Joseph Weizenbaum

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Joseph Weizenbaum (Berlin, January 8, 1923 – March 5, 2008) was a German-American author and professor emeritus of computer science at MIT.

Born in Berlin, Germany to Jewish parents, he escaped Nazi Germany in 1935, emigrating with his family to the United States. He started studying mathematics in 1941 in the U.S., but his studies were interrupted by the war, during which he served in the military. Around 1952 he worked on analog computers, and helped create a digital computer for Wayne State University. In 1956 he worked for General Electric on ERMA, a computer system that introduced the use of the magnetically-encoded fonts imprinted on the bottom border of checks, allowing automated check processing via Magnetic Ink Character Recognition (MICR). In 1964 he took a position at MIT.

In 1966, he published a comparatively simple program called ELIZA, named after the ingenue in George Bernard Shaw's Pygmalion, which performed natural language processing. Driven by a script named DOCTOR, it was capable of engaging humans in a conversation which bore a striking resemblance to one with an empathic psychologist. Weizenbaum modeled its conversational style after Carl Rogers, who introduced the use of open-ended questions to encourage patients to communicate more effectively with therapists. The program applied pattern matching rules to the human's statements to figure out its replies. (Programs like this are now called chatterbots.) It is considered the forerunner of thinking machines.[1] Weizenbaum was shocked that his program was taken seriously by many users, who would open their hearts to it. He started to think philosophically about the implications of artificial intelligence and later became one of its leading critics.[2]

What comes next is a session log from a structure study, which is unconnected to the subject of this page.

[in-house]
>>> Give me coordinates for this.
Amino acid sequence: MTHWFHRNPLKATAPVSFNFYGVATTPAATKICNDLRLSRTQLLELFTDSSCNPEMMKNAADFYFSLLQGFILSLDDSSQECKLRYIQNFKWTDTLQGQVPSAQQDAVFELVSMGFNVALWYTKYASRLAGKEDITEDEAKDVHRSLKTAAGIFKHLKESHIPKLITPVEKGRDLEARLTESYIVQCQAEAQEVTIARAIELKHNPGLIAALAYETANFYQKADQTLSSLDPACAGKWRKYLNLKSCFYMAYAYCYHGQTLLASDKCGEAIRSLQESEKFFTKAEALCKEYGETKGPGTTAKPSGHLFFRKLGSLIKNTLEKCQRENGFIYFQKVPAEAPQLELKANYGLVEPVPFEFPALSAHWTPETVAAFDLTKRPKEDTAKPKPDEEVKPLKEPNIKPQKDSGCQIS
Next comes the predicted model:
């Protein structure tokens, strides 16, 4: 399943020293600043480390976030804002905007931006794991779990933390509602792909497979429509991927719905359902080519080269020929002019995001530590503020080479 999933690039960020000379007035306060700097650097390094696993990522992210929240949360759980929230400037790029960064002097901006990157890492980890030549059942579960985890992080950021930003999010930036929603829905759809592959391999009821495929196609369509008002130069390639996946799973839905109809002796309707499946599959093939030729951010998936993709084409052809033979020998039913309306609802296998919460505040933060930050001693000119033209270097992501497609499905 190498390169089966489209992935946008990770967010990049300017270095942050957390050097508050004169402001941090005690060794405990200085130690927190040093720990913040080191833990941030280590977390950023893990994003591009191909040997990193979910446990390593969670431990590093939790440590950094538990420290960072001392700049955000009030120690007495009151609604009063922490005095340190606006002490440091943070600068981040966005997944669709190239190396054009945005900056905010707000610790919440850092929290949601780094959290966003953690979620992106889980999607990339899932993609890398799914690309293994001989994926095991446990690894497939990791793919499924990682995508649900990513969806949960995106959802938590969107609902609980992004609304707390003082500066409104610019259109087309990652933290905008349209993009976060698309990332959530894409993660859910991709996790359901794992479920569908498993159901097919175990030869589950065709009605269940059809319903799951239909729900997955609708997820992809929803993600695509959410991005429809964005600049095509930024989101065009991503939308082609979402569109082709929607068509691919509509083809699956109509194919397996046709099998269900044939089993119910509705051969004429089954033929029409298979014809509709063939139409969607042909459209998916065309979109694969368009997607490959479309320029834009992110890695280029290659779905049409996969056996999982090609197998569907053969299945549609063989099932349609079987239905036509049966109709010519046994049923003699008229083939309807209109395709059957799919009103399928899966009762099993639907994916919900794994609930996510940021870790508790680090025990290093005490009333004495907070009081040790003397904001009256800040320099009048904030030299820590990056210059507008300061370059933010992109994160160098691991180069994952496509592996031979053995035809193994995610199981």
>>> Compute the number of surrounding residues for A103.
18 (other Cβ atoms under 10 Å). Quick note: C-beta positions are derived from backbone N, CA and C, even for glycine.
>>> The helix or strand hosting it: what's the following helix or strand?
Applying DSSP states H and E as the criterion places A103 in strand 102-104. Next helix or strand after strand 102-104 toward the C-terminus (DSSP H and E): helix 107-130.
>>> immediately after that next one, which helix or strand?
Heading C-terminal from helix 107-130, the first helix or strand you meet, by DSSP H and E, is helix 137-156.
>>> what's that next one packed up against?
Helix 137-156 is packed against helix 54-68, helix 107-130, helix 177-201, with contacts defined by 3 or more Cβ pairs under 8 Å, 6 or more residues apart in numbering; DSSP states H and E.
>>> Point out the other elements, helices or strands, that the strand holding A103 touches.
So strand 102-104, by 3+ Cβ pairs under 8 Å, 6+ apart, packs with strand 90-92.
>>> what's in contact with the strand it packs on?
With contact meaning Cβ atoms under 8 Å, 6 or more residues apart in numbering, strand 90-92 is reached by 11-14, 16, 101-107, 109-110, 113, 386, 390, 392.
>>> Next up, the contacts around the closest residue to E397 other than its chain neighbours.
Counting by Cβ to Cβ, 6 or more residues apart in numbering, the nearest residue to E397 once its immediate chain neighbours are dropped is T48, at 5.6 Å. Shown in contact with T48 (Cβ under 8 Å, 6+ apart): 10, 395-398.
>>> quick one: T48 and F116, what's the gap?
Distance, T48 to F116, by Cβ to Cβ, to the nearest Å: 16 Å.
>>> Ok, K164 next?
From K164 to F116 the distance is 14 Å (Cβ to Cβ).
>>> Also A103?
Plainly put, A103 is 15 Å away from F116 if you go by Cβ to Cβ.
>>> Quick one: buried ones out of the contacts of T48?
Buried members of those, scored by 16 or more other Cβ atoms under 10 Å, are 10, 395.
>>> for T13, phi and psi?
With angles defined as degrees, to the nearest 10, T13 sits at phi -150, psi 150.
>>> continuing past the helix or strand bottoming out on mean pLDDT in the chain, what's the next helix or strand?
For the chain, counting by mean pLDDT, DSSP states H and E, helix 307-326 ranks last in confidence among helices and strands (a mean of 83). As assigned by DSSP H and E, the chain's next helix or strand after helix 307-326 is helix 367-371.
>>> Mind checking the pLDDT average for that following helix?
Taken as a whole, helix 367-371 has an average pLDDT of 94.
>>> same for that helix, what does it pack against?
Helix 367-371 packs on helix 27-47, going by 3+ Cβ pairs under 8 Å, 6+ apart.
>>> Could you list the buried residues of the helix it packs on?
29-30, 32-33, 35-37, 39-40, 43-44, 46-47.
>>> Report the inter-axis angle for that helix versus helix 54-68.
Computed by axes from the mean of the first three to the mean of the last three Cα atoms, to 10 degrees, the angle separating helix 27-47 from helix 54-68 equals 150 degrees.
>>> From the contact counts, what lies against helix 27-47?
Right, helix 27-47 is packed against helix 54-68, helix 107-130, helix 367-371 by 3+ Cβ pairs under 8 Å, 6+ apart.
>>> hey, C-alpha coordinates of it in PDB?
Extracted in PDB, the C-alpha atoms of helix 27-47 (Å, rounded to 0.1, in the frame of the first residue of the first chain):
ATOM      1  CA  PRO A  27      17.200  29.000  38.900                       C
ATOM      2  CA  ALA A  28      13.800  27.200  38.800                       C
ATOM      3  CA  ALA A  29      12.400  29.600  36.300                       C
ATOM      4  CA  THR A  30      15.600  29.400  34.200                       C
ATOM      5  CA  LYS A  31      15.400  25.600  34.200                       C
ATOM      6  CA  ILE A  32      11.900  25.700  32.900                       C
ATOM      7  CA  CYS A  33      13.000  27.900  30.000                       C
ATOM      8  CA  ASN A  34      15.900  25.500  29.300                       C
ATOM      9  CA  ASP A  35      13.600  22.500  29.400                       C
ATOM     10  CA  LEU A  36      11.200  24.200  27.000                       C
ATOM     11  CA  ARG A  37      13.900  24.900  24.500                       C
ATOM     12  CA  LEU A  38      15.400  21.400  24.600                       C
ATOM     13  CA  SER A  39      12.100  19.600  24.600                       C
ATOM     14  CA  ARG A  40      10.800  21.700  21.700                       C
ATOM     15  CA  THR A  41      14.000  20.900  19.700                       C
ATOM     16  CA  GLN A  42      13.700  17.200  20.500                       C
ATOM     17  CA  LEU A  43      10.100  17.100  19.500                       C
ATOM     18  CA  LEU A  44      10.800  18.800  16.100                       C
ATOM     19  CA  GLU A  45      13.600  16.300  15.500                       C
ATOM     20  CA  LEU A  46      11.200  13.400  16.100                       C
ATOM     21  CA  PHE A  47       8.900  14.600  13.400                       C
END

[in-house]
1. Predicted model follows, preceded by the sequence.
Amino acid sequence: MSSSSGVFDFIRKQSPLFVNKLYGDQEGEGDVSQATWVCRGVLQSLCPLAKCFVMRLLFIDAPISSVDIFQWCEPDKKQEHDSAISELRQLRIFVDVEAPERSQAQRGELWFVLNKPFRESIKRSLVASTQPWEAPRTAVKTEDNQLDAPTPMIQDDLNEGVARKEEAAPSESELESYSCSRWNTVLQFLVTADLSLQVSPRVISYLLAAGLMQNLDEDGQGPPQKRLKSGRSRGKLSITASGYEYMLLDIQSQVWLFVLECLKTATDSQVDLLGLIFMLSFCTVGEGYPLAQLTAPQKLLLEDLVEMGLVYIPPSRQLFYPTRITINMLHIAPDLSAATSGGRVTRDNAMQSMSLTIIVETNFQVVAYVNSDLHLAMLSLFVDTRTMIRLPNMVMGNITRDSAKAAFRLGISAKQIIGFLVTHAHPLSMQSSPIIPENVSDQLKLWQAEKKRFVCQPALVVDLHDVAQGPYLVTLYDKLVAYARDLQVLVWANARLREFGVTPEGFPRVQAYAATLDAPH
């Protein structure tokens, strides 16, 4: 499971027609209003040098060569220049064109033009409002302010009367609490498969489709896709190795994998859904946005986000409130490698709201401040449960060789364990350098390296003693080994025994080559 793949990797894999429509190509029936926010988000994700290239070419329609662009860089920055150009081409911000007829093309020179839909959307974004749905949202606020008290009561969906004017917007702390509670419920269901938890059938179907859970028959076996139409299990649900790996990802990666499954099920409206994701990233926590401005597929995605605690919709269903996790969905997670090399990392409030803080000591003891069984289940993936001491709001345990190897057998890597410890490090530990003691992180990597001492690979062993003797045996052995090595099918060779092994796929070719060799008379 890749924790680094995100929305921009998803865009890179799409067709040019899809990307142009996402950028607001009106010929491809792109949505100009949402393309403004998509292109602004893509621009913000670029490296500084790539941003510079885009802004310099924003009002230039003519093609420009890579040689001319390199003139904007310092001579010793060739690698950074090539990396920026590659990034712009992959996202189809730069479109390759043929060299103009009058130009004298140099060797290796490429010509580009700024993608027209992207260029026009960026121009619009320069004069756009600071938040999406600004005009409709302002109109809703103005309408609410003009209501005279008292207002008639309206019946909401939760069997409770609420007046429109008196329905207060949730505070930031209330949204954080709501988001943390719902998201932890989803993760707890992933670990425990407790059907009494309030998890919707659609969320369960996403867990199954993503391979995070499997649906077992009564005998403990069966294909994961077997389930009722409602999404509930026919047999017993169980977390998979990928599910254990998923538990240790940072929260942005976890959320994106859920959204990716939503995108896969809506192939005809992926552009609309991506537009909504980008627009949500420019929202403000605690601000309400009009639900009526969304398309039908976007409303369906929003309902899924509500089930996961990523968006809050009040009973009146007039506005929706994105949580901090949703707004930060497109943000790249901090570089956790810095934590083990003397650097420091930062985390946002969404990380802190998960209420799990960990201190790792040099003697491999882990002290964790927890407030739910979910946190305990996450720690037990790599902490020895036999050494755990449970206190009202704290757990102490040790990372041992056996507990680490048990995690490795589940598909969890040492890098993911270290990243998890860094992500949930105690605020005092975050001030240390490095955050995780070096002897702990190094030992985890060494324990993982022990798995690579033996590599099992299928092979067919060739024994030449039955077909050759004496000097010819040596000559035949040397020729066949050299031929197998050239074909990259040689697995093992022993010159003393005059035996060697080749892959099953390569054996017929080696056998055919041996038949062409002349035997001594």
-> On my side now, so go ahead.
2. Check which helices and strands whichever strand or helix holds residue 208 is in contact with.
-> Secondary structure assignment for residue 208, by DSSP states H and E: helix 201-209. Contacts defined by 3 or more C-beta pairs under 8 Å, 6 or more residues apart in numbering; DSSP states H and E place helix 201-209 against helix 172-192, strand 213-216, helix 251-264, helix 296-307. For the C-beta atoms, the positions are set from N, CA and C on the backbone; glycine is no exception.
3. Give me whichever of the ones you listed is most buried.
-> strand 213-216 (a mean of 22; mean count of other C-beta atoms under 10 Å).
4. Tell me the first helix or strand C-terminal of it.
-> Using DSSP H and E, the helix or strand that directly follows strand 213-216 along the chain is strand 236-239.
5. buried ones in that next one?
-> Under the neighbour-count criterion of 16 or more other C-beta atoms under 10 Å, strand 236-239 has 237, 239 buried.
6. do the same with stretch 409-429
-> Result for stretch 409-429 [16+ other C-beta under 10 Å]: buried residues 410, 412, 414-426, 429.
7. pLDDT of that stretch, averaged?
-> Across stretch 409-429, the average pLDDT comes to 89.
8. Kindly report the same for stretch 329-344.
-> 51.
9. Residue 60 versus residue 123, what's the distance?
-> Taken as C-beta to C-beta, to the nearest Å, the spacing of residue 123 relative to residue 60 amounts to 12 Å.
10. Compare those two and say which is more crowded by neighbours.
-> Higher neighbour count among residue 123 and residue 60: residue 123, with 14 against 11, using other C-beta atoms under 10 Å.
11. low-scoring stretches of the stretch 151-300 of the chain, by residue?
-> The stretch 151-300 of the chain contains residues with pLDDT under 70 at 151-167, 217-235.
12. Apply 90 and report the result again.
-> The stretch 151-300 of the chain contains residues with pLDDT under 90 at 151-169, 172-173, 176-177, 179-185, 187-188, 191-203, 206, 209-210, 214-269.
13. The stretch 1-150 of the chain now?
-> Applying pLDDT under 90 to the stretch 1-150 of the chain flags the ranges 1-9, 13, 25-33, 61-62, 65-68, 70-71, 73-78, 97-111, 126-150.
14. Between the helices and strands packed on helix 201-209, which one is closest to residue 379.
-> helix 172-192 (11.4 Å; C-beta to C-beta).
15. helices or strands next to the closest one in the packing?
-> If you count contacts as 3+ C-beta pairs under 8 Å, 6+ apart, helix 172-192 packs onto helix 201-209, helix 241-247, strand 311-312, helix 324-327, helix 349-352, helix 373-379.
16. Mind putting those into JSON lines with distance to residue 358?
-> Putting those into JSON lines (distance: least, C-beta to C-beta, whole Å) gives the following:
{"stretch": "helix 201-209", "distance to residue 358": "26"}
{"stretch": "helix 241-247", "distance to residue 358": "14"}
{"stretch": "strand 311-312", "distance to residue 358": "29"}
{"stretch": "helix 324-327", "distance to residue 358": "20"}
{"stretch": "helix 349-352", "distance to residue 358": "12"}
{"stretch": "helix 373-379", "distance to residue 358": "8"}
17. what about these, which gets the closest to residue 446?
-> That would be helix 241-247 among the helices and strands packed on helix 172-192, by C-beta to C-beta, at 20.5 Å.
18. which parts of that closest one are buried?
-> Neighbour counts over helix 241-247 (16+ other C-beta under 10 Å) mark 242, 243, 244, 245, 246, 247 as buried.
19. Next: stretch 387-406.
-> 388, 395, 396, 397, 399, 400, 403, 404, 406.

His influential 1976 book Computer Power and Human Reason displays his ambivalence towards computer technology and lays out his case: while Artificial Intelligence may be possible, we should never allow computers to make important decisions because computers will always lack human qualities such as compassion and wisdom. Weizenbaum makes the crucial distinction between deciding and choosing. Deciding is a computational activity, something that can ultimately be programmed. It is the capacity to choose that ultimately makes us human. Choice, however, is the product of judgment, not calculation. Comprehensive human judgment is able to include non-mathematical factors, such as emotions. Judgment can compare apples and oranges, and can do so without quantifying each fruit type and then reductively quantifying each to factors necessary for comparison.

Weizenbaum was the creator of the SLIP programming language.

In 1996, Weizenbaum moved to Berlin and lived in the vicinity of his childhood neighborhood.[3][4]

A German documentary film on Weizenbaum was released in 2007 and later dubbed in English.[1]

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